Throughout history, the contributions of Black people have been overlooked and ignored. But Black History Month and UNISON’s Year of Black Workers are all about getting Black people’s achievements recognised and appreciated all year round.
Key Black figures have been at the forefront of fighting for social justice and equal rights in the UK. They’ve been instrumental in developing Britain’s culture, art and society as we know it now.
During this year’s Black History Month, we’ve been celebrating their achievements, but particularly those of Black women, as community builders, trade unionists, change makers and trailblazing political influencers. Like Olive Morris, a 1960s and 1970s south London community activist who fought for Black women’s rights and organised others to oppose inequalities.
The trade union movement – and UNISON – wouldn’t be the same without Black members. UNISON has over 185,000 of them and hundreds of Black staff, and some of them have made history.
May Parsons, an NHS matron, administered the first NHS Covid-19 vaccine to 90-year-old Maggie Keenan. This year, May was recognised as one of the most influential Black women in health by the HSJ magazine, along with our deputy head of health Helga Pile.
I’ve spoken many times during UNISON’s Year of Black Workers about the 75th anniversary of Empire Windrush, and the 75th birthday of our NHS. If that ship had never docked in Tilbury, we wouldn’t have our NHS today. New migrants from the Caribbean helped to build our NHS, and the struggles they’ve faced since then will never be forgotten by UNISON. We’re committed to our legal action against the government’s decision to renege on actions that would give justice to victims of the Windrush scandal and prevent another similar scandal from happening again.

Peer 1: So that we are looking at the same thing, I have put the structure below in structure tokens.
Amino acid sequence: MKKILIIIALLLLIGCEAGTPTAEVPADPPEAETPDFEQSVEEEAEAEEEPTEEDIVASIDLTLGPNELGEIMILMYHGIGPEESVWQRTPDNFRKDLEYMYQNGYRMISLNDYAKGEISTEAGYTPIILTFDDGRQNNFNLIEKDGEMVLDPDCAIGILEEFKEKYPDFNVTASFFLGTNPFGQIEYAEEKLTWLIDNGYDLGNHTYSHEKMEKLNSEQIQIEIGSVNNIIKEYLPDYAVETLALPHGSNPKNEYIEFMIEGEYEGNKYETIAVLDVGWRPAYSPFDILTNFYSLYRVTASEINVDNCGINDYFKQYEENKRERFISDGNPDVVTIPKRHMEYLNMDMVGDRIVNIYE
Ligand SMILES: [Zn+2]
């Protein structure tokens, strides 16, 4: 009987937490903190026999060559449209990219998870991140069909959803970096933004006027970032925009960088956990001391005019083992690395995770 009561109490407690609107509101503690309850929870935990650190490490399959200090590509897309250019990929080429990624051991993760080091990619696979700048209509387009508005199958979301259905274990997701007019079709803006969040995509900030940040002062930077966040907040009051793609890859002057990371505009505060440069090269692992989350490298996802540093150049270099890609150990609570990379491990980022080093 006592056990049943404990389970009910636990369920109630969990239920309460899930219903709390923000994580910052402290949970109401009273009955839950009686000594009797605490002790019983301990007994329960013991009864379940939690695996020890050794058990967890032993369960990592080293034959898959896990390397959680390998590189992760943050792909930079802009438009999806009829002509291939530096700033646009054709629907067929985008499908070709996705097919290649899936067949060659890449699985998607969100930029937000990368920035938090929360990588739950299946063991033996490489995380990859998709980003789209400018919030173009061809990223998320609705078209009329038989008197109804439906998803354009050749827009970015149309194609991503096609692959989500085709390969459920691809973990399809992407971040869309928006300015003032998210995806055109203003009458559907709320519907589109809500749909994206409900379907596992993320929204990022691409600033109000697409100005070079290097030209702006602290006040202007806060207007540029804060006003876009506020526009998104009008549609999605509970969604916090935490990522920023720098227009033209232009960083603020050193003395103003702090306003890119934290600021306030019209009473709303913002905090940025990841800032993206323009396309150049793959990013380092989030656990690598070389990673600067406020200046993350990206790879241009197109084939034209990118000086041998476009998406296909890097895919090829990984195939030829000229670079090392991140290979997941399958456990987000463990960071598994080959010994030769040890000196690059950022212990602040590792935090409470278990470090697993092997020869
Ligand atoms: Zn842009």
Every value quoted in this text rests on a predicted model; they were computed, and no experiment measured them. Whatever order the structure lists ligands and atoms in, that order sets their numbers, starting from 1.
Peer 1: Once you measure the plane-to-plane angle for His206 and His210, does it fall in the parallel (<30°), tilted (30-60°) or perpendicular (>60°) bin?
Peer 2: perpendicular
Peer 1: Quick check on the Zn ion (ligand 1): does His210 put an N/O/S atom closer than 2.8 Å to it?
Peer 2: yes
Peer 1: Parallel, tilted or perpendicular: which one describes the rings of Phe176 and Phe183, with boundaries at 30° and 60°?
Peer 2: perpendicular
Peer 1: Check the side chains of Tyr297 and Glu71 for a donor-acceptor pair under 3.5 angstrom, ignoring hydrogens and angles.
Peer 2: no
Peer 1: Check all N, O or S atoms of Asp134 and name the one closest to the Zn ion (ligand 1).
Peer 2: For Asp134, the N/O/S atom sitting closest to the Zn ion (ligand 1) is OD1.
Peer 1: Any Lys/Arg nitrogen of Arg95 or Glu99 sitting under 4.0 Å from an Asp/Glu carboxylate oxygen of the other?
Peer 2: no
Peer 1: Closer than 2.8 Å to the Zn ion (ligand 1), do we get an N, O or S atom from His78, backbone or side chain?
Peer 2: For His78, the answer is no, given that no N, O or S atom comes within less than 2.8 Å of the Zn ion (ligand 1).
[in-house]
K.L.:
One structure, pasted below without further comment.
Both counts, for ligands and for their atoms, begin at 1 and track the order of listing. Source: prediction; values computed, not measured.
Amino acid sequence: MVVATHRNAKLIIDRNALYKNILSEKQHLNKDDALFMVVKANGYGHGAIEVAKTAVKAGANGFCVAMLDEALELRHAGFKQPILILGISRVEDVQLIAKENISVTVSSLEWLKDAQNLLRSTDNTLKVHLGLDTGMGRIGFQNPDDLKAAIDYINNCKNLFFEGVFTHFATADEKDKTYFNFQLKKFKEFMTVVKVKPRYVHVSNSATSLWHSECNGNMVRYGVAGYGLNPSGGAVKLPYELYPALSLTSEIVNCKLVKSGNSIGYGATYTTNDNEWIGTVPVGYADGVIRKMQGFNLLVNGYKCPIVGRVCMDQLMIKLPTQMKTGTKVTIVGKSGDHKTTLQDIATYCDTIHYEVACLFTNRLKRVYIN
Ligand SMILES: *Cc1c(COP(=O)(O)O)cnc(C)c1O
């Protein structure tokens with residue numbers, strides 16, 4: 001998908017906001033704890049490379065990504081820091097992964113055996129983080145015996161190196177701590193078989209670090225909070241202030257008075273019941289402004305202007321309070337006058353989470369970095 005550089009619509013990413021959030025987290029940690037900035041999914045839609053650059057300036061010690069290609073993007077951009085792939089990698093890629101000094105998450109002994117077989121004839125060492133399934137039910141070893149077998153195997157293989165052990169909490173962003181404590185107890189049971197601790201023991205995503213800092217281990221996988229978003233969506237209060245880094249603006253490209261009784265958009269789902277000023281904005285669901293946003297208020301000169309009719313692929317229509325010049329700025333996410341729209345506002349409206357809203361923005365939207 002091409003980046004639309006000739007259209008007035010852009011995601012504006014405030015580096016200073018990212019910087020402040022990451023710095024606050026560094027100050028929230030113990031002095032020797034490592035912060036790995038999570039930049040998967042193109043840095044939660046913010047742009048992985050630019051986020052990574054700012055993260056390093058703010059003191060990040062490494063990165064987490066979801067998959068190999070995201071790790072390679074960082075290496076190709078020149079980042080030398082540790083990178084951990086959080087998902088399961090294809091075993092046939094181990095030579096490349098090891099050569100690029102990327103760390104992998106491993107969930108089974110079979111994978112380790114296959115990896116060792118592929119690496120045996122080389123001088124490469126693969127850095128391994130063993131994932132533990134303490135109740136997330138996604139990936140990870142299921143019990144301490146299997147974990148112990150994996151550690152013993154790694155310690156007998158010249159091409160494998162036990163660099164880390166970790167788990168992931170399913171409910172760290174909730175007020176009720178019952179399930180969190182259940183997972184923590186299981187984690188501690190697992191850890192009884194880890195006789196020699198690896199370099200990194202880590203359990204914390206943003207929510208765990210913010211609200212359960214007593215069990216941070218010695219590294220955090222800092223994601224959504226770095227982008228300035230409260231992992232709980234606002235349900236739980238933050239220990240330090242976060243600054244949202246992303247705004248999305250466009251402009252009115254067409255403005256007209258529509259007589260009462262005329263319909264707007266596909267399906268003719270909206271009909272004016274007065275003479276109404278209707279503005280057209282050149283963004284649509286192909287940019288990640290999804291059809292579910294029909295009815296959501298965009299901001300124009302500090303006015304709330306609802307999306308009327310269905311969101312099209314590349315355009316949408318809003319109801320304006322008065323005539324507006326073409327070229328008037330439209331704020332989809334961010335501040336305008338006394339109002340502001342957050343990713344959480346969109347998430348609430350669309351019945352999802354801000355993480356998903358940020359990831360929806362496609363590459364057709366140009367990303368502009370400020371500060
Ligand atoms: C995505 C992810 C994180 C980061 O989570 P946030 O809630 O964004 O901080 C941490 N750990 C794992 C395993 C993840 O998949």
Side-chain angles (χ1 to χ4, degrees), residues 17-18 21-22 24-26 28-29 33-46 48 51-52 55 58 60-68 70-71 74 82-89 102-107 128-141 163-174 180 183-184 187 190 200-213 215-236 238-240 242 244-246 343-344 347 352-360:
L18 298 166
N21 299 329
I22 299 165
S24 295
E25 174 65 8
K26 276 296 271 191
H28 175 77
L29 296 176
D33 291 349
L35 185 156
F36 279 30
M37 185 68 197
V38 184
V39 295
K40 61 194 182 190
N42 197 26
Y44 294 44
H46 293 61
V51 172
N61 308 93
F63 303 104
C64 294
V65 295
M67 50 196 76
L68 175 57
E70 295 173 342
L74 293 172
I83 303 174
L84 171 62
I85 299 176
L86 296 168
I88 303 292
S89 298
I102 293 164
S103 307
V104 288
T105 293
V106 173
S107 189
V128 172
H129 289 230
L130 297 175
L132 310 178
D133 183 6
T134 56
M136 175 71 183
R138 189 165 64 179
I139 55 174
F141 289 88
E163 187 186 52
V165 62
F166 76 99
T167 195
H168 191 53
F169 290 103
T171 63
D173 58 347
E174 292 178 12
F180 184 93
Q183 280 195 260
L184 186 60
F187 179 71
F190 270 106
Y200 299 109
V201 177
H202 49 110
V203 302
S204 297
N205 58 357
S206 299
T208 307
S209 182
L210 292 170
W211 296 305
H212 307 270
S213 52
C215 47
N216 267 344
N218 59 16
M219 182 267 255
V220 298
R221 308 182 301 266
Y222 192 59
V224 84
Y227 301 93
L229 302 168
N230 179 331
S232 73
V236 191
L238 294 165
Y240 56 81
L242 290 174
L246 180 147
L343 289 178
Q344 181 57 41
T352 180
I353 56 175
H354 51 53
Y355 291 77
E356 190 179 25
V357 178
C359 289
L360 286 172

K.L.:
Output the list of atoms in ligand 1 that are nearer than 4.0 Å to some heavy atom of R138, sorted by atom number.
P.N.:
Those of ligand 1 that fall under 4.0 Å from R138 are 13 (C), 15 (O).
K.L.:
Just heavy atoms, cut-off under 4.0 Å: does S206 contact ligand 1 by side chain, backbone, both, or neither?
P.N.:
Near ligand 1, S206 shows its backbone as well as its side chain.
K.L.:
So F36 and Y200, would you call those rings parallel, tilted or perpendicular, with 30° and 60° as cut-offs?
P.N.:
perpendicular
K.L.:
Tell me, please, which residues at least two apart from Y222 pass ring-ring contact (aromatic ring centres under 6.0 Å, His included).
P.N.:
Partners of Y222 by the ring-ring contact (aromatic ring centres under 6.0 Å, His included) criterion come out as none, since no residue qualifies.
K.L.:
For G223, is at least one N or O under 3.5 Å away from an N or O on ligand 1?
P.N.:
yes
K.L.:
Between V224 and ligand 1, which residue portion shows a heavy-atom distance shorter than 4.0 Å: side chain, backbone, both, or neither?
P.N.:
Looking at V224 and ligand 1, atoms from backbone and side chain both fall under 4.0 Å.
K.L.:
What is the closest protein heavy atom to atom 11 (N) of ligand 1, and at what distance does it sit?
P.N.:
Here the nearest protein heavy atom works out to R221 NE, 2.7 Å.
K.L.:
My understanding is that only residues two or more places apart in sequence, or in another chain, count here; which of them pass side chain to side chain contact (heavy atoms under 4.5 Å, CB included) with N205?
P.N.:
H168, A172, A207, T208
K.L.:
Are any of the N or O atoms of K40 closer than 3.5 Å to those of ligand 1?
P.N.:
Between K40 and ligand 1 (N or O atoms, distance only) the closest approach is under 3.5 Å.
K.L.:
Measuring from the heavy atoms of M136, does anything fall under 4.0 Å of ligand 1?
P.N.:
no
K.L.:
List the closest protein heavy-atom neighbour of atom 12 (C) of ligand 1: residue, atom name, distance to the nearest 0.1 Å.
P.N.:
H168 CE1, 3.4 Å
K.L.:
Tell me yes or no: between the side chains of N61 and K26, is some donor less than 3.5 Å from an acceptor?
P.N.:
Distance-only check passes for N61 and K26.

But there is still a lot of work to do. NHS workforce data shows that Black workers are still underrepresented in senior roles, and many experience harassment and bullying from the patients. Black women are often disadvantaged in the workplace and ethnicity pay gaps still persist, meaning Black workers are not getting the pay and recognition they’re owed.
We will continue to use UNISON’s Year of Black Workers to establish a legacy to generate change, and build on our campaigns to push for more change in UNISON, in society and through government – at the next general election and beyond.
Because, as the biggest and best trade union in the UK, we take our responsibility in challenging racist policies and championing anti-racist campaigns seriously. We know that, together, we can make the UK a place where Black people are never left underrepresented, undervalued or underpaid.